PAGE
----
Mac Wiseman Talks ‘Songs From My Mother’s Hand,’ Merle Haggard Duet Album & More

There is no false advertising with the title of Mac Wiseman‘s latest album,Songs From My Mother’s Hand. “All of the material on this CD are from old composition books where my mother copied lyrics from listening to a live radio program back in the late ’20s and early ’30s,” recalls the 2014 Country Music Hall of Fame inductee.

Mac Wiseman & More Named 2014 Country Hall of Fame Inductees

Wiseman confessed to Billboard that seeing his mother’s handwritten copy of the song lyrics takes him back to a much simpler time growing up in Crimora, Virginia. “I was reminded of so many childhood memories, and seeing her sit there writing these songs down. Some of them have never been recorded — most of them had, but nobody knows about them now. That’s where the material comes from.” All in all, Wiseman’s mother, Neva Ruth, filled 13 composition books with lyrics — more than enough for multiple volumes.

Copying down the song lyrics was something that took his mother quite a bit of time, but Wiseman said she had it down to a science. “Her method of madness was that she worked outside in the summertime a lot, of course, but in the winter time, she would sit in front of this old radio while she crocheting or quilting, and all the music on the radio at that time was live radio programs. There’s wasn’t any concept of the disc jockey at all. She kept her composition book and pen on top of the old radio, and when they’d sing a song, she’d get a few lines, a verse, or something like that, and then she’d lay her book back up. A few days later, they’d sing the same song, and she’d add a little bit more. It was really a chore — and to think she filled up 13 of these old composition books full of songs she wrote down for me.”

The song titles read like an essential reading list of pure Americana music — one that includes “Old Rattler,” “Little Rosewood Casket” and “The Wreck of the Number Nine,” all songs that Wiseman heard growing up in Appalachia. “It was at the foot of the Blue Ridge Mountains. I was raised at her old homeplace, which is still standing after 200 years. My brother and his son bought the old homeplace, and they have things stored in it. It’s still there for people to take pictures.”

Wiseman is still beaming from the news of his Hall of Fame induction, which will officially take place this fall. “It was very thrilling and gratifying. I was one of the charter members of the CMA when it started, and the only one that is still living. I had kind of given up on the idea because I thought they were going to focus on putting more of the younger ones in. I had made the top five a number of times, but had never gotten in.”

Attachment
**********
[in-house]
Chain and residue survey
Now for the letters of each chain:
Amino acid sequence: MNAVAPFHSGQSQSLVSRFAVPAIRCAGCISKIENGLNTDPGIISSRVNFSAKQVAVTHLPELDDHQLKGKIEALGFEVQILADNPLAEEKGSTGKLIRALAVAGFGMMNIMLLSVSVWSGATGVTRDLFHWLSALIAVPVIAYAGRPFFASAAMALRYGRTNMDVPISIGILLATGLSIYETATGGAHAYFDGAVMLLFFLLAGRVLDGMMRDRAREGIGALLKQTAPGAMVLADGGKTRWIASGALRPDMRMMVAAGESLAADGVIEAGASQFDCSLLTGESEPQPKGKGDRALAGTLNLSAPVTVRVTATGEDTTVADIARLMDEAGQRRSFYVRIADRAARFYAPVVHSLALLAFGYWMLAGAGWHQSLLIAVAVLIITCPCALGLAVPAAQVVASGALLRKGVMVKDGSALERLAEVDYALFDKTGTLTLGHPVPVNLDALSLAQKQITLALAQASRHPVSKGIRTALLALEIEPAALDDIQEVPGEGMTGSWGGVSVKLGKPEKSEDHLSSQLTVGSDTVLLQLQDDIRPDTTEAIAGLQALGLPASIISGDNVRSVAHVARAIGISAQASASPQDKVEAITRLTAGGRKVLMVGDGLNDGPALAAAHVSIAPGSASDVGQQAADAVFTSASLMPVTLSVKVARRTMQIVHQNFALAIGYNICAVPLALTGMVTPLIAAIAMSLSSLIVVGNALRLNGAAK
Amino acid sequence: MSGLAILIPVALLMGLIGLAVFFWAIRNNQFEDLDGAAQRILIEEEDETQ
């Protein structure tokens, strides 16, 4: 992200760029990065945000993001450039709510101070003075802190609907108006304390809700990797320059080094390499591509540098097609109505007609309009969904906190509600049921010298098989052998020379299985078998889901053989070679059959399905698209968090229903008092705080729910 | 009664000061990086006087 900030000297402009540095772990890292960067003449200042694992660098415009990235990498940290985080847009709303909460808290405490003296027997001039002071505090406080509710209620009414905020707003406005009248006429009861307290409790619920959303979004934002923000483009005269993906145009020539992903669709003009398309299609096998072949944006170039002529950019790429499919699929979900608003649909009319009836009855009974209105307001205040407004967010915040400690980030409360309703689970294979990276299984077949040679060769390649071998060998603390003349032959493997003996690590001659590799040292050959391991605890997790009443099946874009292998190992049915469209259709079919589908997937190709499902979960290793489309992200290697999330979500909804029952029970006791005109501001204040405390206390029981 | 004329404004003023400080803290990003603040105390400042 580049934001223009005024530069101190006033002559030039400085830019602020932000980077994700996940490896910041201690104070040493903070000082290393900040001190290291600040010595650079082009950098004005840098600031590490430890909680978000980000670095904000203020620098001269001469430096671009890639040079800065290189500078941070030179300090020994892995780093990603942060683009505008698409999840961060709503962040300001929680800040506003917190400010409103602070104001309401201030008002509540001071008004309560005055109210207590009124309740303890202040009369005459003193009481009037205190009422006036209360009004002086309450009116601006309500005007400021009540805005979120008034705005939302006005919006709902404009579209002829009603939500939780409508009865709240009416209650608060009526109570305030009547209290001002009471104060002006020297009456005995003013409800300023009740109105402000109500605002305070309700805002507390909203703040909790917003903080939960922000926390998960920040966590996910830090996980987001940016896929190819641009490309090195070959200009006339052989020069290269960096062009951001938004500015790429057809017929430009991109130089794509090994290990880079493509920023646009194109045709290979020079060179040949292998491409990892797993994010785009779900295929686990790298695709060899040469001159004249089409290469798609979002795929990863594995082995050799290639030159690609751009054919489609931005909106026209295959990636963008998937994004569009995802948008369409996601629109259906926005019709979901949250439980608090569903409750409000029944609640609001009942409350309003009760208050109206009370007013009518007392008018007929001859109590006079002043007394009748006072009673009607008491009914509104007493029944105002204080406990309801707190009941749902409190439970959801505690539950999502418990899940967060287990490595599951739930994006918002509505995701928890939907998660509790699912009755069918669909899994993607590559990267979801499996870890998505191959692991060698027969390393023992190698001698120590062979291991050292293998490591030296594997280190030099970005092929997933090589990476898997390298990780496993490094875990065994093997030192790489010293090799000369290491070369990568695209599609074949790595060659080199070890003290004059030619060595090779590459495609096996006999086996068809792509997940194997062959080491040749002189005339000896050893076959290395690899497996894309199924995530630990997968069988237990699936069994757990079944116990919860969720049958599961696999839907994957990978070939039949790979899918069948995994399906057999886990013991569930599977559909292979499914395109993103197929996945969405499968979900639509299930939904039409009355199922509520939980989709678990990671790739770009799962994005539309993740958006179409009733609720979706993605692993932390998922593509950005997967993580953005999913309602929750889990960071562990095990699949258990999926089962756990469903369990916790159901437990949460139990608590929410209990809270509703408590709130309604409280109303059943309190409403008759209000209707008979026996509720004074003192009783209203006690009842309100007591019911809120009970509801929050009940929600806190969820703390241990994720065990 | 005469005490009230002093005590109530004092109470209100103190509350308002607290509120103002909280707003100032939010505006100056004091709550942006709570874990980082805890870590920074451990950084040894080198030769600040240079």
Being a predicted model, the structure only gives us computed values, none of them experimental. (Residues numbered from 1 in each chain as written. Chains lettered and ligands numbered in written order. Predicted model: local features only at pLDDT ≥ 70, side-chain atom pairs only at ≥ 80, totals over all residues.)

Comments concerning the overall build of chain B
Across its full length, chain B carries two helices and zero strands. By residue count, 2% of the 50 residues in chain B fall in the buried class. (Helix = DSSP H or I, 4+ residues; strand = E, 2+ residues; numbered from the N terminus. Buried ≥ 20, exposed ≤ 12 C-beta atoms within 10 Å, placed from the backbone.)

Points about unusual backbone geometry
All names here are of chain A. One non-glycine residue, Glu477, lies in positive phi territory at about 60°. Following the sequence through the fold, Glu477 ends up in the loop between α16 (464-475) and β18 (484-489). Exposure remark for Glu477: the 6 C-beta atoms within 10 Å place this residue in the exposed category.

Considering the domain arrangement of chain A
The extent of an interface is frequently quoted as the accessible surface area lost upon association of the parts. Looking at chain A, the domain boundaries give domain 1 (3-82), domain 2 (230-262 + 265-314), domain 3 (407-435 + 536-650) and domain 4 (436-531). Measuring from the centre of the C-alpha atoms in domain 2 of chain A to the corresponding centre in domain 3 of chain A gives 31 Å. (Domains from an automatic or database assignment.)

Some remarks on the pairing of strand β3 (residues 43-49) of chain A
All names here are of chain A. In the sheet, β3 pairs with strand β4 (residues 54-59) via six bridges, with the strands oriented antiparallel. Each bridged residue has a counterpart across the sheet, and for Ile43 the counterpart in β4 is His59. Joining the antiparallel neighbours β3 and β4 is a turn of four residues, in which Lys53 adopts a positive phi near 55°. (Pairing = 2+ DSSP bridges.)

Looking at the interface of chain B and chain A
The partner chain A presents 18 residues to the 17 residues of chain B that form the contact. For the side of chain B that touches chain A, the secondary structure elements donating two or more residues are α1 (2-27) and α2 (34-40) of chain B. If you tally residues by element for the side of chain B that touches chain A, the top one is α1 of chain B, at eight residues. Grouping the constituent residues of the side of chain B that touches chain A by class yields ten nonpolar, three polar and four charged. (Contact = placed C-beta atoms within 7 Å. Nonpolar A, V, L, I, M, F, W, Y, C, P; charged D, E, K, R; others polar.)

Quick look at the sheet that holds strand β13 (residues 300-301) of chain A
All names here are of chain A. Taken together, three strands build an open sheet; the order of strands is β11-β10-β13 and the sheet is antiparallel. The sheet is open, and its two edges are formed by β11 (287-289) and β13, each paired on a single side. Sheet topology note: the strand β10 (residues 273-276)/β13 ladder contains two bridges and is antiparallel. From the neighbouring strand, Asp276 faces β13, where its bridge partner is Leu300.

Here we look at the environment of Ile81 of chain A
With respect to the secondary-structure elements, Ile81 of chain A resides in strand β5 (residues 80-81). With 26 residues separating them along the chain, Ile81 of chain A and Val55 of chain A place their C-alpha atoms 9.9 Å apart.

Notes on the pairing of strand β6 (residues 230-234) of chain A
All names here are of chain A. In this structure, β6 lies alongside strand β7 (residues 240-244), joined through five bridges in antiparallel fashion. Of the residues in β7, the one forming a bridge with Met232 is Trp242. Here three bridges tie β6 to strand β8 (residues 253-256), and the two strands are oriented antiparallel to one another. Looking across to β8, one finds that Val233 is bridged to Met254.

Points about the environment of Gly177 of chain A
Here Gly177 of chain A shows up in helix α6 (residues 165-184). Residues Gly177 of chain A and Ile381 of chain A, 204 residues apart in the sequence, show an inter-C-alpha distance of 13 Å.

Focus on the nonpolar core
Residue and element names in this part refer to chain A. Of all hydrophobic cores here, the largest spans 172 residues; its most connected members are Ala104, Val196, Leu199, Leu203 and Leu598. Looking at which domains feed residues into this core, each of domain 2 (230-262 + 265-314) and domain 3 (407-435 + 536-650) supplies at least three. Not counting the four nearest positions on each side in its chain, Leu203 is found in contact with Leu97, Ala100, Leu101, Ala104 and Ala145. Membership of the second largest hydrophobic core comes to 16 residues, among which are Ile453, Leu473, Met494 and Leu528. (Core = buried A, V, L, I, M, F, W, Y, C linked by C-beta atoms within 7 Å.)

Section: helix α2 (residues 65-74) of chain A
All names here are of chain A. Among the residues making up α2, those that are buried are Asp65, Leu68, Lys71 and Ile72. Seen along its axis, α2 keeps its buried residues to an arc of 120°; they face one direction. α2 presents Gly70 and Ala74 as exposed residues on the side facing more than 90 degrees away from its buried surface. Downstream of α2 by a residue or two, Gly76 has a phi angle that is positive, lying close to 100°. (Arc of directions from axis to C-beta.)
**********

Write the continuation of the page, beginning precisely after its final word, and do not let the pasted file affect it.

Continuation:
In his legendary career, Wiseman has performed with the best of the best. He has special memories of touring the country with Grandpa Jones back in the day. “We toured together a lot — back when his children were small, he only had the one car, so he had to leave it with Ramona,” he quipped. “He would ride with me and share the driving and expenses. He was just a joy and an education.Bradley Kincaid was also a big influence. I toured with Hank Williams and just about everybody.”

Wiseman — who has recorded projects over the past few years with Charlie Daniels and John Prine — is excited about another record he has in the can: a duet album with Merle Haggard. “That was a thrill. Merle approached me to make a record, and it just blew me away. I thought he wanted to do all of his songs on the record, but he insisted I do six or seven of the ones I popularized over the years. It’s ready to go, we’re just looking for a distributor.”

But right now, Wiseman’s focus is promoting Songs From My Mother’s Hand — and paying tribute to its namesake. “My mom was a heavyset lady that lived to be quite elderly. She always knelt beside the bed to say her nightly prayers. In her latter years, she had difficulty getting up or down because of her age, her size, and rheumatism and arthritis. She didn’t wear her religion on her sleeve — she lived it. She treated people right, the way she wanted to be treated. She raised me the same way, and that’s my philosophy yet today.”

Credit: Chuck Dauphin

Photocredit: Stacie Huckeba

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